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This Former Software Entrepreneur Now Runs an Alkaline Water Company That's Expected to Bring in up to $9 Million This Year Jose Fernandez entered a whole new industry with TEN Water after he thought he could improve on existing alkaline water brands.

By Stephen J. Bronner Edited by Dan Bova

entrepreneur daily
Courtesy of TEN Water

After Jose Fernandez sold his legal-focused software company in 2011, he jumped into a whole new industry: bottled water. It was all based on a hunch that alkaline water (with a higher pH level) would be the next big thing in H2O consumption.

He was eventually proven right, as his company, TEN Spring Water, has seen revenue grow by 100 percent year over year, with revenues expected to be between $7 million and $9 million this year, according to the company. TEN is now sold in 8,000 U.S. stores. But it was a slow start in 2012.

Related: After 10 Years of Unprofitability, 2 Breakthroughs Led This Entrepreneur to a $100 Million Brand

"Coming into an industry I knew nothing about, it was tough," Fernandez said. "You need to have a very big war chest to pull it off." He self-funded the company.

Fernandez became interested in alkaline water after seeing it on shelves in Florida, but he noticed all the products were either made with tap water or reverse-osmosis tap water. He figured spring water with a high pH would be a more appealing product. So he and his partners started calling natural springs who co-pack and label water for them. The company now employs four springs.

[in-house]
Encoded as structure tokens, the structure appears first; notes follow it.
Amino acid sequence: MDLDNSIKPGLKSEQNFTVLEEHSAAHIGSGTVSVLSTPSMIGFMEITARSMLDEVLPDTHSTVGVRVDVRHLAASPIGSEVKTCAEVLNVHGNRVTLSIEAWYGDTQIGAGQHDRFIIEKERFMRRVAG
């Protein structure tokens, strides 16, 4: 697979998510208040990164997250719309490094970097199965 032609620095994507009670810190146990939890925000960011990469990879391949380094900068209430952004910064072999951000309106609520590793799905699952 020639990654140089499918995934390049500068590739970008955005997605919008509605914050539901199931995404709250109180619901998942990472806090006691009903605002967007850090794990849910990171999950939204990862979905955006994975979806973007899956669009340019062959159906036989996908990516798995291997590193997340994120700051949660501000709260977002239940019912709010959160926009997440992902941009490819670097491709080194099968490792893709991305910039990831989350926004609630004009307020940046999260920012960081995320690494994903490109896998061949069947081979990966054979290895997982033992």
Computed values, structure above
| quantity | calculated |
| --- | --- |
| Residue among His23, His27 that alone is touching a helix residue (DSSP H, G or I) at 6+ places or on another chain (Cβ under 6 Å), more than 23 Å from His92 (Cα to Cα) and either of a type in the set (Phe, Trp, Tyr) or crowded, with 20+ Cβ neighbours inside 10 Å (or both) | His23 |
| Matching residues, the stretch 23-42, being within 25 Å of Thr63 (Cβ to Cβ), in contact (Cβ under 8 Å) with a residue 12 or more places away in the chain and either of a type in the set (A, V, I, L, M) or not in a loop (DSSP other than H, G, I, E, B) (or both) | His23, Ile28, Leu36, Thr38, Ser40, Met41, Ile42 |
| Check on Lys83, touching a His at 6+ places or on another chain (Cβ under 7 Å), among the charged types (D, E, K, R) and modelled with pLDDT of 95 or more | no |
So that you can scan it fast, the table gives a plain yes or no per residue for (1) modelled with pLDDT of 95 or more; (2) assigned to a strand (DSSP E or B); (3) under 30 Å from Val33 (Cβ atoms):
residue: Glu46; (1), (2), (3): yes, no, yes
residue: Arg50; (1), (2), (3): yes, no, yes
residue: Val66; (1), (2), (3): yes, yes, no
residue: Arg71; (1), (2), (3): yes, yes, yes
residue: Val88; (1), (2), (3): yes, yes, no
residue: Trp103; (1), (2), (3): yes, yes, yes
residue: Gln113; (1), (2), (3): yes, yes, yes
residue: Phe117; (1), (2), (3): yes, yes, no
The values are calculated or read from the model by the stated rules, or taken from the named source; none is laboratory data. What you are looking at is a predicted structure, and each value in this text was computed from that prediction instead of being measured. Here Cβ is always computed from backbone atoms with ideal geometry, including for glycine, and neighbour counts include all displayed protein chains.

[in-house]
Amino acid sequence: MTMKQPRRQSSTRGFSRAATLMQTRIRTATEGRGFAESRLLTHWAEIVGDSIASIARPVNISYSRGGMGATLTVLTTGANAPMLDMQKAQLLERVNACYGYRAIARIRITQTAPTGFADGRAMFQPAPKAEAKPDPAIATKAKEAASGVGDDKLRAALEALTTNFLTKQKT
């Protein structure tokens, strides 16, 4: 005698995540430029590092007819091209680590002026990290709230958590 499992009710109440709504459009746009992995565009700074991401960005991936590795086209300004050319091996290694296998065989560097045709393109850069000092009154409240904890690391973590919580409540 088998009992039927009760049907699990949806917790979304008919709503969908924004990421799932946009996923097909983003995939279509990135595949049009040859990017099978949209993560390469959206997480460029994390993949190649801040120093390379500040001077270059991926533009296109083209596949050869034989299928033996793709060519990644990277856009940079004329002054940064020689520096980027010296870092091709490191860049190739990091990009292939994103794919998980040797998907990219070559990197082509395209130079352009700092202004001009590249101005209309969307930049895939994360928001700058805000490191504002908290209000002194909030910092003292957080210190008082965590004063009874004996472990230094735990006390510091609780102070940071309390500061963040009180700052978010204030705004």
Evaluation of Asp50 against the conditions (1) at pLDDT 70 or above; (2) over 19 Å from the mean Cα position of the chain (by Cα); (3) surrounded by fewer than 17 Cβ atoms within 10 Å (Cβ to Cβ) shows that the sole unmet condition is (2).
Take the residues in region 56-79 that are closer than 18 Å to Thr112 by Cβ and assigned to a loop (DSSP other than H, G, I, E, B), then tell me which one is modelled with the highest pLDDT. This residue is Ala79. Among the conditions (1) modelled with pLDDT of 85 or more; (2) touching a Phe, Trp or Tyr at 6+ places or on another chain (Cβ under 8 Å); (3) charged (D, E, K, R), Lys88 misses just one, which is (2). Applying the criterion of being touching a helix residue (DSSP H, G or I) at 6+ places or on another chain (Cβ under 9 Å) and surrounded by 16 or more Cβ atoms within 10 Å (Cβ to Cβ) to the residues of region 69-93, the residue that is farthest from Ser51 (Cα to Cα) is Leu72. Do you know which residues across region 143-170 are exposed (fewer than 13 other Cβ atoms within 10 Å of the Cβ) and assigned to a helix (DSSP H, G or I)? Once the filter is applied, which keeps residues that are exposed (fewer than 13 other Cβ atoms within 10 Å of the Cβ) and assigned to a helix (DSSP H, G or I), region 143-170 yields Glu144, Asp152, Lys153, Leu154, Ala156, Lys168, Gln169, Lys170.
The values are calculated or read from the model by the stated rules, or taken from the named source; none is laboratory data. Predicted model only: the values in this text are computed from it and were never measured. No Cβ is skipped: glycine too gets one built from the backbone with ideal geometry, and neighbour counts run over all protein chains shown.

With product in hand, Fernandez started approaching small retailers to sell their water, eventually scoring a partnership with UNFI, a major food distributor.

Image Credit: Courtesy of TEN Water

"Getting an appointment is a challenge unless you know the right people and have a good story and product," Fernandez said. "You've got to be able to prove that before they let you in the building. You've got to be patient, you've got to keep knocking on that door, and eventually the door will open."

Related: The Company That Created a New Way to Drink Tea Is Truly a Product of Love

So what does he see as the biggest differences between his old business in software and selling water?

"I used to sell software for $1,000. I now sell a bottle of water for a dollar," he said. "When you're developing software there's a long bug list that never ends. You can't do that with this stuff."

Stephen J. Bronner

Entrepreneur Staff

News Director

Stephen J. Bronner writes mostly about packaged foods. His weekly column is The Digest. He is very much on top of his email.

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